Your original question was not very clear, so I have edited it to the one above. I hope this is what you meant to ask. Please respond to this question if not.
Chapter Seven is very important because of the way in which it presents Ralph as possessing the same savage instincts that Jack does through the hunting of the wild pig. Even when Ralph is faced with the pig bearing down on him, he is forced to recognise that he possesses something of the killer instincts of a hunter:
Ralph found he was able to measure the distance coldly and take aim. With the boar only five yards away, he flung the foolish wooden stick that he carried, saw it hit the great snout and hang there for a moment.
Although the boar escapes, Ralph shows his bravery and also his skill and ability. Far more disturbing though is his role in the "mock" pig hunt the boys host, with Robert playing the role of the pig. As the game suddenly turns violent, Ralph is described as joining in just as much as the other boys:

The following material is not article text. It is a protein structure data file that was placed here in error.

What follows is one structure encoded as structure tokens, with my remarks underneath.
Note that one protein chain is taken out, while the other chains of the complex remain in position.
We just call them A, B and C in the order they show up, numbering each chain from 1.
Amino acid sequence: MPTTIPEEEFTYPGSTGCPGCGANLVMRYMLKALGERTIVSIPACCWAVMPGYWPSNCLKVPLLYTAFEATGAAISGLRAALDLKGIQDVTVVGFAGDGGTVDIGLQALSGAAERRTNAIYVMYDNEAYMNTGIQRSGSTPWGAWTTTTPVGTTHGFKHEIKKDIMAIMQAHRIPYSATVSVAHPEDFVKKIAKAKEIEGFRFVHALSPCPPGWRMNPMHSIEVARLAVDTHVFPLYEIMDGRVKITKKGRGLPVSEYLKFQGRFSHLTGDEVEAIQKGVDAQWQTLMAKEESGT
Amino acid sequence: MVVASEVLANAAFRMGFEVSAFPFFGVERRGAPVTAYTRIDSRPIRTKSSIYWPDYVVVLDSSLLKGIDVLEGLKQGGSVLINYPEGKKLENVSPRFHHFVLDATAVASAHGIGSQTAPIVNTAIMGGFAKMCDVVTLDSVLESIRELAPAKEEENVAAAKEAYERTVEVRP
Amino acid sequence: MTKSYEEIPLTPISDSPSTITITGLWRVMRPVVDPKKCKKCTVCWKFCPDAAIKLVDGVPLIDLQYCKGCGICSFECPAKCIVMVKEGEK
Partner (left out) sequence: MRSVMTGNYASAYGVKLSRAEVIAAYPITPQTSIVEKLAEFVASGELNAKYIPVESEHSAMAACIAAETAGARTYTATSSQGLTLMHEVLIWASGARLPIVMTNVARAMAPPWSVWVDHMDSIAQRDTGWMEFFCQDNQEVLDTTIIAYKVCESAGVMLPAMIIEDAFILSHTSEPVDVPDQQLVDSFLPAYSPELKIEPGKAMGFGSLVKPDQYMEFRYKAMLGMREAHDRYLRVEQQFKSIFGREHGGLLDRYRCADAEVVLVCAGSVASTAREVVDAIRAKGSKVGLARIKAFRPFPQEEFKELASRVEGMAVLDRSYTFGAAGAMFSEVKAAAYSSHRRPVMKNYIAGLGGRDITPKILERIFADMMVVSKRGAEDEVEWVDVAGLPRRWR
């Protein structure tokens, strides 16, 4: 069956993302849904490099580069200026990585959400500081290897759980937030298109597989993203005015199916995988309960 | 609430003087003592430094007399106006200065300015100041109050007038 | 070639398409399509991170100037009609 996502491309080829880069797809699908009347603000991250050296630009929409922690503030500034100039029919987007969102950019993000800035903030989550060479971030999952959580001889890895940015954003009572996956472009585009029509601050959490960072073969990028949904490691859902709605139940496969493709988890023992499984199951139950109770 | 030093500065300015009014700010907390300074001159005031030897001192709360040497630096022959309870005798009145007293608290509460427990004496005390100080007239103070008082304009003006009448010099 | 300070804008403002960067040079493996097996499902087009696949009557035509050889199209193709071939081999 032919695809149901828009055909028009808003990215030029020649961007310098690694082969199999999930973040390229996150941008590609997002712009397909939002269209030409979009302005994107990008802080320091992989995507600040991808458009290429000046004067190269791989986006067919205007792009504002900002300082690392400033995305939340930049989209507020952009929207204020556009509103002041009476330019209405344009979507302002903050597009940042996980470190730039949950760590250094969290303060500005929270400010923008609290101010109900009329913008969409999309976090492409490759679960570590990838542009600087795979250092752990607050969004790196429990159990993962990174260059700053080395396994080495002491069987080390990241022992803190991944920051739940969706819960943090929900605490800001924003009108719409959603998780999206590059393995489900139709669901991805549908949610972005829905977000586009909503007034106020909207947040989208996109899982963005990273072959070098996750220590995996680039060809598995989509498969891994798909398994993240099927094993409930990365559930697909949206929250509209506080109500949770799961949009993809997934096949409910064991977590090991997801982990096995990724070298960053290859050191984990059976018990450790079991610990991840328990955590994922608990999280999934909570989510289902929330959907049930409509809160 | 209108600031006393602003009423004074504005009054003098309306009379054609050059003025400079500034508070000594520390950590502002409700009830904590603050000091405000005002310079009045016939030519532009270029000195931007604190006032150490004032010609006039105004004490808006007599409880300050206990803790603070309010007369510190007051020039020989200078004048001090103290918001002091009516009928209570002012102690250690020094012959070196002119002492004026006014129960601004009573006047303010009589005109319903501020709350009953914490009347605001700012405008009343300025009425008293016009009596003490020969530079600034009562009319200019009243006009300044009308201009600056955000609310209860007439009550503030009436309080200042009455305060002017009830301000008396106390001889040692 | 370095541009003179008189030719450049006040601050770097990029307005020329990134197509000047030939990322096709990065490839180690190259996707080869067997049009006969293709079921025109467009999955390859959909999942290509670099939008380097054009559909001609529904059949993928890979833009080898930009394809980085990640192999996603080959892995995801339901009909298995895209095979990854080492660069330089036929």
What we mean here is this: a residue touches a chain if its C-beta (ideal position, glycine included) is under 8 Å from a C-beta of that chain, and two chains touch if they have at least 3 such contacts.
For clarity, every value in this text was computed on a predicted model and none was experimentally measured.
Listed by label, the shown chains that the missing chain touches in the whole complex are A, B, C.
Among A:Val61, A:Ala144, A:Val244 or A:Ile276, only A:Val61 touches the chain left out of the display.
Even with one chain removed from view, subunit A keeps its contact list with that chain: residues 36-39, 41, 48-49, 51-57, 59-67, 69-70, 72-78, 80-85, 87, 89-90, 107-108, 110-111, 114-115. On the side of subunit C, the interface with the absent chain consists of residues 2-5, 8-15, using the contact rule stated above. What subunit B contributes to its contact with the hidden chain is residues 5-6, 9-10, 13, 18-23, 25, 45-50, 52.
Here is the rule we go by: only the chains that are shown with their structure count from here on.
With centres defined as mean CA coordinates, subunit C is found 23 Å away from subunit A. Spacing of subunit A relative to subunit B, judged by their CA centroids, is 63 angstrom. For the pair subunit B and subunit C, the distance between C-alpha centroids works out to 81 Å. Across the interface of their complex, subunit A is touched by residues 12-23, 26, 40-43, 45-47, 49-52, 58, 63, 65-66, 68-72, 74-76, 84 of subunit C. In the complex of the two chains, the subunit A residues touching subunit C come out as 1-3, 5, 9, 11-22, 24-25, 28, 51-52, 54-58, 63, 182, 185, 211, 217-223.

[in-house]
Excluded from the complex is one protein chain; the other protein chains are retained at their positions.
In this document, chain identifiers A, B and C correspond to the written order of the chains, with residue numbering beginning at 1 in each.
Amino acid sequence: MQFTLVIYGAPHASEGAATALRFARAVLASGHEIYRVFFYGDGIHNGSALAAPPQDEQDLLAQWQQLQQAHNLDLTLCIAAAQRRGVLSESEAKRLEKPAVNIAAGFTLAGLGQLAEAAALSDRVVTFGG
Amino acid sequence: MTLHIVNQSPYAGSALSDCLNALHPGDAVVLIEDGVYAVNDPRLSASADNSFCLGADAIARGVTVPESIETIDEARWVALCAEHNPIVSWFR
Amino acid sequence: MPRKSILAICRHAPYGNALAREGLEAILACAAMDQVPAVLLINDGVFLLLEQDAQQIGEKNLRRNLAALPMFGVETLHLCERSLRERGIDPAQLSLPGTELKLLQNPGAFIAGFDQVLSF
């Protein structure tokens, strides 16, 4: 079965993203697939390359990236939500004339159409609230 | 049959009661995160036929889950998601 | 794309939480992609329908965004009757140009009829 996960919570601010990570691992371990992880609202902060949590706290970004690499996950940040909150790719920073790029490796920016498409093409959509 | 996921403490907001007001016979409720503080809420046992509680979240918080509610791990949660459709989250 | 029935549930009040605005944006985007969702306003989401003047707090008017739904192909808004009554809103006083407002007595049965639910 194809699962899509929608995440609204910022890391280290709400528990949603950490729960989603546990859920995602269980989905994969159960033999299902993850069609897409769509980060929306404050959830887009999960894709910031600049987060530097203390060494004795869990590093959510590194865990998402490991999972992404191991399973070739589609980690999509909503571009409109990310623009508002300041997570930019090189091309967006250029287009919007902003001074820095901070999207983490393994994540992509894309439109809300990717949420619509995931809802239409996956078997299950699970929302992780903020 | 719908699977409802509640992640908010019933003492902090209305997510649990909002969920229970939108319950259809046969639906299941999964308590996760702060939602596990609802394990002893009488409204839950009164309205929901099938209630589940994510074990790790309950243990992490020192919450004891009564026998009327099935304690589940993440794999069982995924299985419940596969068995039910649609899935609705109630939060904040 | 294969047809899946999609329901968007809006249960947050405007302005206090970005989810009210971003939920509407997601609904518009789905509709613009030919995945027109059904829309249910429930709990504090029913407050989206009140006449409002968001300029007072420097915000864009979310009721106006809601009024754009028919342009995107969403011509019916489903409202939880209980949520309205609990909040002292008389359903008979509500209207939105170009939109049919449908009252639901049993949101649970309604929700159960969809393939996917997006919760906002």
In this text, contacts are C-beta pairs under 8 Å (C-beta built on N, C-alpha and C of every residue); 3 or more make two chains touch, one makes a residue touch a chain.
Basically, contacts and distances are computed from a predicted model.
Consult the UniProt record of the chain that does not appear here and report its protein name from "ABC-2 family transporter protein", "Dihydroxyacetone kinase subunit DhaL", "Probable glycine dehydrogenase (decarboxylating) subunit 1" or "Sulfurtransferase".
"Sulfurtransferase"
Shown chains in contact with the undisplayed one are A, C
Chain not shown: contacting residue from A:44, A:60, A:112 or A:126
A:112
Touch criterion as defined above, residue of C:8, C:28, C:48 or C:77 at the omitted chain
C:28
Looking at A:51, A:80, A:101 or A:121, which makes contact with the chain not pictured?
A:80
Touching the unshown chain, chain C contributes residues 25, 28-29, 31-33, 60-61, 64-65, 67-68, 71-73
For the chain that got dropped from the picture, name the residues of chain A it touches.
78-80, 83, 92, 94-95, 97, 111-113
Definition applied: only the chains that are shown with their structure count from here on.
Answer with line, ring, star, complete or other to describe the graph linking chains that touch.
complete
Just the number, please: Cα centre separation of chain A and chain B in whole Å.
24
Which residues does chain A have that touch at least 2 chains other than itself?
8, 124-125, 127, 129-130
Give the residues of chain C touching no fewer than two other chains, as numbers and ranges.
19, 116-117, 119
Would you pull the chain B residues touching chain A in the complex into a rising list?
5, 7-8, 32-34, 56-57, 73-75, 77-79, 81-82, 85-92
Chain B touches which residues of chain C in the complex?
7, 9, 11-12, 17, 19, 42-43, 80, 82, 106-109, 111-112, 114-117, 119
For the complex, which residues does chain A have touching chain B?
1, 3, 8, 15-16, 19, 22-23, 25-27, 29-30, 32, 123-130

Ralph too was fighting to get near, to get a handful of that brown, vulnerable flesh. The desire to squeeze and hurt was overmastering.
Ralph, therefore, is shown in this chapter to be just like Jack in the way that savagery overwhelms him in this instance. In spite of the way that he stands for civilised order in the novel, this example shows that savagery and violence are part of the human condition, no matter how civilised we appear on the surface.